An anonymous reader writes "Contrary to recent rumors, it's not Palm's first Linux smartphone, and no, it's not a competitor to Nokia's Linux-based N800 Internet Tablet. Rather, Palm today unveiled the Foleo, which it's calling a 'new class' of mobile device. The device is designed to expand the email, Internet, and productivity application capabilities of mobile phones such as the Palm Treo, by adding a full-size keyboard and a larger screen. Company founder Jeff Hawkins predicts that the Foleo will be more successful than Palm's original Palm Pilot, which he designed, and more successful than its current Treo smartphones. He touts its simplicity: 'Press a button, it's on. Press it again, it's off. There are no other modes.'"
Portables

+ - Palm introduces Linux-based smart-phone companion

Submitted by D:
D: (666) writes "Sporting a 10inch screen and full-size keyboard, Palm's new device called Foleo — which the company's founder Jeff Hawkins talked up as a new product category in itself — is essentially a note-pad-sized laptop, designed specifically to dynamically sync with and compliment the computing power of a smart-phone. The problem that Palm is attempting to solve is that no matter how powerful cell phones have become, there are times when a larger screen and proper keyboard makes more sense — such as composing emails, editing a spreadsheet, or using web apps. Best of all the device runs a version of Linux (with the Opera browser) and is open to developers."
Red Hat Software

+ - fedora 7 out.

Submitted by
An anonymous reader writes "Fedora 7 codenamed Moonshine is out ! http://www.linux-noob.com/forums/index.php?showtop ic=3006 (release notes & more details & screenshots in the link) For the first time, Fedora includes several different spins, which are variations of Fedora built from a specific set of software packages. Each spin has a combination of software to meet the requirements of a specific kind of end user."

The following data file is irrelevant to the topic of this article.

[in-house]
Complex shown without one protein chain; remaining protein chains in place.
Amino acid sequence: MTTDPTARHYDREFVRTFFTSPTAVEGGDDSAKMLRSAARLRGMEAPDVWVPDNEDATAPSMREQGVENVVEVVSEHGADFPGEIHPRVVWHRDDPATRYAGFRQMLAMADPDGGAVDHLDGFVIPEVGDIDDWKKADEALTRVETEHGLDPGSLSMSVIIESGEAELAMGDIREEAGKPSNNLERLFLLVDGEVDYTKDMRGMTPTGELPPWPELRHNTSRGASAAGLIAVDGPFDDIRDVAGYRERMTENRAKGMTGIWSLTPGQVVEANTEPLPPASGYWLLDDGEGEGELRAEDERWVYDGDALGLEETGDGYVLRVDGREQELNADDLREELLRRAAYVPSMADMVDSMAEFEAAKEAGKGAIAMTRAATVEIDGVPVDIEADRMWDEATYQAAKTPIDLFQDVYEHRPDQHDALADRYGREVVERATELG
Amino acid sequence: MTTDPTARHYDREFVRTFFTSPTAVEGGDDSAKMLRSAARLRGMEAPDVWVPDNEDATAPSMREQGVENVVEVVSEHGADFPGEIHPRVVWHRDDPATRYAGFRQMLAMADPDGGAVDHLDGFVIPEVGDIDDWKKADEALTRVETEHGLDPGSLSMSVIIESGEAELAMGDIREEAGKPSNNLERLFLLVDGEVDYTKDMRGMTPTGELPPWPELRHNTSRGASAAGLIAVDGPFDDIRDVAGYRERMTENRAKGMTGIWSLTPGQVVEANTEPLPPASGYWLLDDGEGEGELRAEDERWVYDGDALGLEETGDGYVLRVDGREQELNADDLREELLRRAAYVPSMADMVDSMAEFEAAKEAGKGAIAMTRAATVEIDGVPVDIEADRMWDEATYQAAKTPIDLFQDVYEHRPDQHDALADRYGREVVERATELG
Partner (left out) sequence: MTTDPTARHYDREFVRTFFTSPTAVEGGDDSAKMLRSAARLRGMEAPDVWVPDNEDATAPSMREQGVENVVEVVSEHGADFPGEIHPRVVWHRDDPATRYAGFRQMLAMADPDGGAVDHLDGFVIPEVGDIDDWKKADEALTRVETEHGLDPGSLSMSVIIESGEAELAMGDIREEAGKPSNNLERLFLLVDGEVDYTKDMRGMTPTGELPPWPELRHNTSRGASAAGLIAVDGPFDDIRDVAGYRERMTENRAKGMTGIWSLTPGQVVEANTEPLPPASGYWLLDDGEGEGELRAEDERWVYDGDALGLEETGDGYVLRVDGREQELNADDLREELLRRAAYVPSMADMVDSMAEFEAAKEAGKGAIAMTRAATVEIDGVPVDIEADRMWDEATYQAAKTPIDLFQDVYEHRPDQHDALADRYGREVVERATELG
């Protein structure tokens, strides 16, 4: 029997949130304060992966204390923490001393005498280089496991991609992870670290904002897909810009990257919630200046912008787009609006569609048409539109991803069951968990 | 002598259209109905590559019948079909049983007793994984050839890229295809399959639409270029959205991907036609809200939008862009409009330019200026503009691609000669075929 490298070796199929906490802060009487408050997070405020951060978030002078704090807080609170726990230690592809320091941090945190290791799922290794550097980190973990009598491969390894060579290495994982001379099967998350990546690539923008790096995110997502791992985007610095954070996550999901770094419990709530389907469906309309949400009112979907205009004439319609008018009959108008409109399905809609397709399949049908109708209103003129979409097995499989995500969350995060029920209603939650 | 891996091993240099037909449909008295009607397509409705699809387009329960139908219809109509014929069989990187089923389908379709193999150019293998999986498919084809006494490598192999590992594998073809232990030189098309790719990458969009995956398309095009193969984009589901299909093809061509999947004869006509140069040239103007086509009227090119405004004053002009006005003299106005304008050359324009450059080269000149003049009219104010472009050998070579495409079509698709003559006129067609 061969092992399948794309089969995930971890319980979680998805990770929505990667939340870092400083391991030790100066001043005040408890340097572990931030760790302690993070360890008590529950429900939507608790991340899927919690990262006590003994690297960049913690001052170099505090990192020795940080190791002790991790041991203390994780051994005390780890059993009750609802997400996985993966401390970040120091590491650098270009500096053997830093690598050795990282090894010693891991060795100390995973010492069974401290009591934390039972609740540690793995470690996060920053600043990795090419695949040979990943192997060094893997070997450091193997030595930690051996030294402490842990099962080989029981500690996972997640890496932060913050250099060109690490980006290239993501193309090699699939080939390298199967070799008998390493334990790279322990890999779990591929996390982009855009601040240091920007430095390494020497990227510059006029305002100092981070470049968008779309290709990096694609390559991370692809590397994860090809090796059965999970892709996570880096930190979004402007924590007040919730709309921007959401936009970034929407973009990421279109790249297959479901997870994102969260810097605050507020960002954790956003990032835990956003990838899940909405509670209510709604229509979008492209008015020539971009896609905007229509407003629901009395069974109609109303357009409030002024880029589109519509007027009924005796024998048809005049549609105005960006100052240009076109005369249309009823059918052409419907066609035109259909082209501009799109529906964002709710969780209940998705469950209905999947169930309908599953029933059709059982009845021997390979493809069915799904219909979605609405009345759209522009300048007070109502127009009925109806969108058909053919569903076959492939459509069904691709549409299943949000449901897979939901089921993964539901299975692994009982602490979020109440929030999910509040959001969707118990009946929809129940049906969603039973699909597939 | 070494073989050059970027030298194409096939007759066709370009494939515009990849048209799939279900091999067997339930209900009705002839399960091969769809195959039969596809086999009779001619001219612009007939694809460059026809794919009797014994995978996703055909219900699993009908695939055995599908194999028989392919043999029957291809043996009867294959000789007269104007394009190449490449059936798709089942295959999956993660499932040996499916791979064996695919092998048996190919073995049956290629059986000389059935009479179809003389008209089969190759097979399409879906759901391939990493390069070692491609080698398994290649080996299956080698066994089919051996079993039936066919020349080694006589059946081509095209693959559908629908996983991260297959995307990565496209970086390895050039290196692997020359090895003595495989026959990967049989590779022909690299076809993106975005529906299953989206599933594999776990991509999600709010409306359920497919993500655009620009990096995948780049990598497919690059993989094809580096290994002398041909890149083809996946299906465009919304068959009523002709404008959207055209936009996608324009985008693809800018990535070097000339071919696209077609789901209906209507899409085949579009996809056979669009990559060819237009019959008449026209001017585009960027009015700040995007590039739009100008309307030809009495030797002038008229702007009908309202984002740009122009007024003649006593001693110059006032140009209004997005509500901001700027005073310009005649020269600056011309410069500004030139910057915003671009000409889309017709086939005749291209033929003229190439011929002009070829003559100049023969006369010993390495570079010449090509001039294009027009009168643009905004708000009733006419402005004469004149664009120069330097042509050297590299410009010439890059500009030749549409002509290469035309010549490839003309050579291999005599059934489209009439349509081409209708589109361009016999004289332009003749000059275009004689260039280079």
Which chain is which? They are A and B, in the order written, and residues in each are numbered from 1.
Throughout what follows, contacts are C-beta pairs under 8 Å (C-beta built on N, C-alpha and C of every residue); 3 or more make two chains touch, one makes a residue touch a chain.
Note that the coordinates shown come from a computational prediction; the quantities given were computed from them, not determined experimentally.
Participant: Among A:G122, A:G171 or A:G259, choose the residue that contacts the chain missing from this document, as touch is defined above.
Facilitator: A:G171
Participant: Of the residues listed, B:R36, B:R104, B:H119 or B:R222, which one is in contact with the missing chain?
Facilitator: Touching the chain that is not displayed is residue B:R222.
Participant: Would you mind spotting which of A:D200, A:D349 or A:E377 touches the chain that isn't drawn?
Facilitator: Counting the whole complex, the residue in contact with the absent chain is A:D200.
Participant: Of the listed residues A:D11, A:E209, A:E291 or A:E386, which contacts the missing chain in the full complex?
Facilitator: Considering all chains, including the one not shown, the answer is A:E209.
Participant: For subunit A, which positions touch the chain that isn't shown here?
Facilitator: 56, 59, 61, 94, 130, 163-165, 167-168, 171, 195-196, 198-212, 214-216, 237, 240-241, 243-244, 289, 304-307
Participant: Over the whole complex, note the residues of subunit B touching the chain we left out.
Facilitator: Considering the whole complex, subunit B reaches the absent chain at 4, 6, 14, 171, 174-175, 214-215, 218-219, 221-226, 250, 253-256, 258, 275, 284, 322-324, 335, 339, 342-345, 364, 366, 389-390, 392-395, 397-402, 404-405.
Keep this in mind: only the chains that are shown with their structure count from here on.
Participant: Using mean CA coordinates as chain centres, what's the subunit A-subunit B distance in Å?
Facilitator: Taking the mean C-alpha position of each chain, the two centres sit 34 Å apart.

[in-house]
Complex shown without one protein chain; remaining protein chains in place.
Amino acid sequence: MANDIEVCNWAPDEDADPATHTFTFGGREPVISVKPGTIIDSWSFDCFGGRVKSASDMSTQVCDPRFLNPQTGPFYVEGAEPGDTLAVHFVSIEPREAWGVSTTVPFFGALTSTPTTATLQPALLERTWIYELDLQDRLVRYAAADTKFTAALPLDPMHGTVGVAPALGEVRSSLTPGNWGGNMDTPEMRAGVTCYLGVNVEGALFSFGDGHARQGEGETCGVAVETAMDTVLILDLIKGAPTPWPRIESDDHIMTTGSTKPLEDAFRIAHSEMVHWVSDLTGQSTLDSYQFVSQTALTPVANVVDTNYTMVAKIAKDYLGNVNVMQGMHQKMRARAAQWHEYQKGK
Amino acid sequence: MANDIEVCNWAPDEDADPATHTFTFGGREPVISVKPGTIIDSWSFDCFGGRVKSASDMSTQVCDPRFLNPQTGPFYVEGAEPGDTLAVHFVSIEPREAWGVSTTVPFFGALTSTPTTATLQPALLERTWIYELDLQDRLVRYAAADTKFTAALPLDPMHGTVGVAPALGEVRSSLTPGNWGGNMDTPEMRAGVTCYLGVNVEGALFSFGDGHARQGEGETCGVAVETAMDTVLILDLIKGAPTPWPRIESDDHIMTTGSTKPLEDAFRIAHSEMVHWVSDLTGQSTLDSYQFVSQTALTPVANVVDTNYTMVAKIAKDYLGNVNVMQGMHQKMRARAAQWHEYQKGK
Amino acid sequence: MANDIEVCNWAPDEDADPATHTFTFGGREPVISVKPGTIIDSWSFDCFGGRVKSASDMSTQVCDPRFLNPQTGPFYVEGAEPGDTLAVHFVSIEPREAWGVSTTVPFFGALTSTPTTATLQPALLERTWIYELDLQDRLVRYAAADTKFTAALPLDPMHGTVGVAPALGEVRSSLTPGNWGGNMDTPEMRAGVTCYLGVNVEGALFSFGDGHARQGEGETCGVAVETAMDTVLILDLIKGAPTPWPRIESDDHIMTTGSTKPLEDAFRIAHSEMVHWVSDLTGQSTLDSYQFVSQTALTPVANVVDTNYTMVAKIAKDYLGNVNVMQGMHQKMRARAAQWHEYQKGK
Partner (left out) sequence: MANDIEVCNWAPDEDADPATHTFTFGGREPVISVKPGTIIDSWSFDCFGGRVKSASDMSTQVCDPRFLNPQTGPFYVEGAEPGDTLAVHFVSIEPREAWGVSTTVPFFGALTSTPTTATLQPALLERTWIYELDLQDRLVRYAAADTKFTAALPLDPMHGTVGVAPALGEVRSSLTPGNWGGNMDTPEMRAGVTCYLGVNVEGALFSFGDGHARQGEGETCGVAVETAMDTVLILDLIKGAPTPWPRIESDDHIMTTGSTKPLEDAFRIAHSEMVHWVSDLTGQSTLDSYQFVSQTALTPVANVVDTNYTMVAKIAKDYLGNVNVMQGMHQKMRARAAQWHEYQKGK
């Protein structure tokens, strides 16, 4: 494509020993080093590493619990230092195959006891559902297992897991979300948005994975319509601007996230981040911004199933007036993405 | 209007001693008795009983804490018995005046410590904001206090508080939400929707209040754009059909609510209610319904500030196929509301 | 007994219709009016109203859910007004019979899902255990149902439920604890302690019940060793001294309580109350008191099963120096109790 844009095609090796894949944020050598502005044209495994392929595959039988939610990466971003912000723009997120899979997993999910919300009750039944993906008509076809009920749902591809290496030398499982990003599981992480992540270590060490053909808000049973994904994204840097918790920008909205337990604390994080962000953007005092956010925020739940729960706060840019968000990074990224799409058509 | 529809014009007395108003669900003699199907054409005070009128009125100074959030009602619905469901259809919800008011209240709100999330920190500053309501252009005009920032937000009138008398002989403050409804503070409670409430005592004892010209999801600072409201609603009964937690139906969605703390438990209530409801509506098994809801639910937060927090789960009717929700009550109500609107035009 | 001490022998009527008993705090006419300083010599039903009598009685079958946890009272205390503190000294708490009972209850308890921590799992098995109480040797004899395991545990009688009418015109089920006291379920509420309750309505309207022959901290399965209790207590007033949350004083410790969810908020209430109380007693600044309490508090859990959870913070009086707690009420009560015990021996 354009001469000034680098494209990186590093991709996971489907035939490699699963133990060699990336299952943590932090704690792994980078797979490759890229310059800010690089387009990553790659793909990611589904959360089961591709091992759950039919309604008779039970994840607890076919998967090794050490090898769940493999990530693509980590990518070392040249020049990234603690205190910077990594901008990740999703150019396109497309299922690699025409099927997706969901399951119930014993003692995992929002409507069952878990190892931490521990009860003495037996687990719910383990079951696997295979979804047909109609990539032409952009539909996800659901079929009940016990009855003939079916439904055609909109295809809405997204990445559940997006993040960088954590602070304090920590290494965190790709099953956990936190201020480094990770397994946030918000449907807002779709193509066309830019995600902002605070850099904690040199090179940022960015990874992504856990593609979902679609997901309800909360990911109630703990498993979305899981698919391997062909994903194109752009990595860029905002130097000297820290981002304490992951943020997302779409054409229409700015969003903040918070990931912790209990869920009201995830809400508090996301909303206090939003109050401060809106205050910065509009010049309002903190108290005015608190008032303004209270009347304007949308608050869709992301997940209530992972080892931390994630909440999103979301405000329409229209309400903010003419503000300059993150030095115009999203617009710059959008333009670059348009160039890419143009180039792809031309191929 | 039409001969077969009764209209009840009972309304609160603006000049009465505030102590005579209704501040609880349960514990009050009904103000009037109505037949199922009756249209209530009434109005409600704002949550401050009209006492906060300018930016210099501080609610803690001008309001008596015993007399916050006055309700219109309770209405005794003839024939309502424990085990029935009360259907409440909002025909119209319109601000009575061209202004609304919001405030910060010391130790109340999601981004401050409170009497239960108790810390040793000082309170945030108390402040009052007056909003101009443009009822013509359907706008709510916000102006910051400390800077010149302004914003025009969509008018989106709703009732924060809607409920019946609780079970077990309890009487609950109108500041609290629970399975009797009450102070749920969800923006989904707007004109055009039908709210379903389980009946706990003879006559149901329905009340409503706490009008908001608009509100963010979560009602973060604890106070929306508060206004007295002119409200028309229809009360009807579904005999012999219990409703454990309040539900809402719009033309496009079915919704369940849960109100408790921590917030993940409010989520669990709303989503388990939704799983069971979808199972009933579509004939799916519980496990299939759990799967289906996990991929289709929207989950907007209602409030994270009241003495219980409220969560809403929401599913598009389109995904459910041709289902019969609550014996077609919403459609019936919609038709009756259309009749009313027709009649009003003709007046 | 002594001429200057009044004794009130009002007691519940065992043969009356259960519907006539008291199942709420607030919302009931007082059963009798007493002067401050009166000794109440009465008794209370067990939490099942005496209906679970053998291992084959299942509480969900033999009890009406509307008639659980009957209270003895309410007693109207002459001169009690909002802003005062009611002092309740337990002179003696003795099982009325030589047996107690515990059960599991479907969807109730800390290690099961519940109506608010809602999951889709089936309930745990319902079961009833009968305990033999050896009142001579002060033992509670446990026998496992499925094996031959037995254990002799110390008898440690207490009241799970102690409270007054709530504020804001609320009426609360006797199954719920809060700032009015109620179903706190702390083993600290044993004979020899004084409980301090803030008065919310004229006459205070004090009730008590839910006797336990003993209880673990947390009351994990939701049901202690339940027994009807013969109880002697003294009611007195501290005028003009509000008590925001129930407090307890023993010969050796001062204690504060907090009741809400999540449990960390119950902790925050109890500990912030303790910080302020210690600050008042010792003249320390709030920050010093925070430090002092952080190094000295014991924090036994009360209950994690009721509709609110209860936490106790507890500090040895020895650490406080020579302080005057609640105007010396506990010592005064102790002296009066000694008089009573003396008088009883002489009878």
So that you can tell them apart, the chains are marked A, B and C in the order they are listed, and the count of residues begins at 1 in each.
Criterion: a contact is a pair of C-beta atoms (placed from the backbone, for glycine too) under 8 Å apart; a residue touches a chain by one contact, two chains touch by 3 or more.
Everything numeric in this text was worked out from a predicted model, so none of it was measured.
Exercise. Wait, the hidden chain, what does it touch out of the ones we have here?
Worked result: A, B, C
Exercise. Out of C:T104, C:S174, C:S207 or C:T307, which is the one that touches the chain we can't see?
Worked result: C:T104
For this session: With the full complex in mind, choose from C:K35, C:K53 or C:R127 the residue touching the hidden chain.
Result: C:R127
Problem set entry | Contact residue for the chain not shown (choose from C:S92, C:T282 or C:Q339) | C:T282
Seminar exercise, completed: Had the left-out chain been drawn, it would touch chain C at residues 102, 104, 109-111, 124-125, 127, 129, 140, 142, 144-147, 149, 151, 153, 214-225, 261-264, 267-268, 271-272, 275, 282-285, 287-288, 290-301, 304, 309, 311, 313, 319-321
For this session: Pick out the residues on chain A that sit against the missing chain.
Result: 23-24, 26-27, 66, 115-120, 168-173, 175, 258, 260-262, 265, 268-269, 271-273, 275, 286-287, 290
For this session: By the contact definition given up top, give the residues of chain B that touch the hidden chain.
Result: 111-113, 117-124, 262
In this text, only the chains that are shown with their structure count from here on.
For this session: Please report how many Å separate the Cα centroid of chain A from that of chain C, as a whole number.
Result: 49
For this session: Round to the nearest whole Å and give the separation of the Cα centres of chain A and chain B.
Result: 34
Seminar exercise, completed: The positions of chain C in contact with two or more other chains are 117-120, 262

Security

+ - New AACS Processing Key Discovered

Submitted by Anonymous Coward
An anonymous reader writes "The movie studios recently released new HD-DVDs that can no longer be circumvented using the infamous 09 F9... AACS processing key that floated around the Net last month, but today a new key has surfaced. Like hundreds of other readers of Freedom-To-Tinker's "Own Your Own Integer" story, someone named BtCB posted his "randomly generated" number in the comments, asking, "What are the odds that this is the new processing key?" As it turns out, BtCB's key was not so random, and, a week after he posted it, the hackers over at doom9 realized that it really is the new processing key. With this kind of hacker "luck," it doesn't look like AACS will last for long."
Windows

+ - PQI Unveils World's Largest Solid State Drive

Submitted by mrneutron2003
mrneutron2003 (1106301) writes "From XbitLabs: PQI's 256GB SSD Turbo+ features transfer rates of up to 60MB/s, a figure that cannot be achieved on current hard disk drives. In addition, the new product has better reliability, power consumption and sizes. The price of the device is not announced, however, it is as unprecedented as the capacity of the 256GB solid state drive. http://www.siliconnews.net/top-stories/pqi-unveils -worlds-largest-solid-state-drive.html"
Television

+ - Fanfic Writers Say No Way

Submitted by
bill jackson
bill jackson writes "Multichannel News Magazine's very best blogger — Mary McNamara — says that a couple of former Yahoo execs are trying to create the next MySpace by aggregating fanfiction on a website called FanLib. But the fanfic writers recognized that exploitation was written all over the idea and they've refused to participate. Very interesting, well researched article written by McNamara. She even calls into question the FanLib patent application. http://www.multichannel.com/blog/1300000330/post/1 30010013.html"
Communications

+ - Compensation for cell phone signal traffic?

Submitted by
ehud42
ehud42 writes "The CBC is reporting that "Manitoba First Nations are seeking compensation from Manitoba Telecom Services for every cellphone signal that passes through First Nations land, saying the airspace should be considered a resource like land and water." Is the airspace around us a resource like land and water? Would I have to pay someone for my wireless signals travelling through their airspace? I doubt this will get much traction — at least I hope not..."

A method of solution is perfect if we can forsee from the start, and even prove, that following that method we shall attain our aim. -- Leibnitz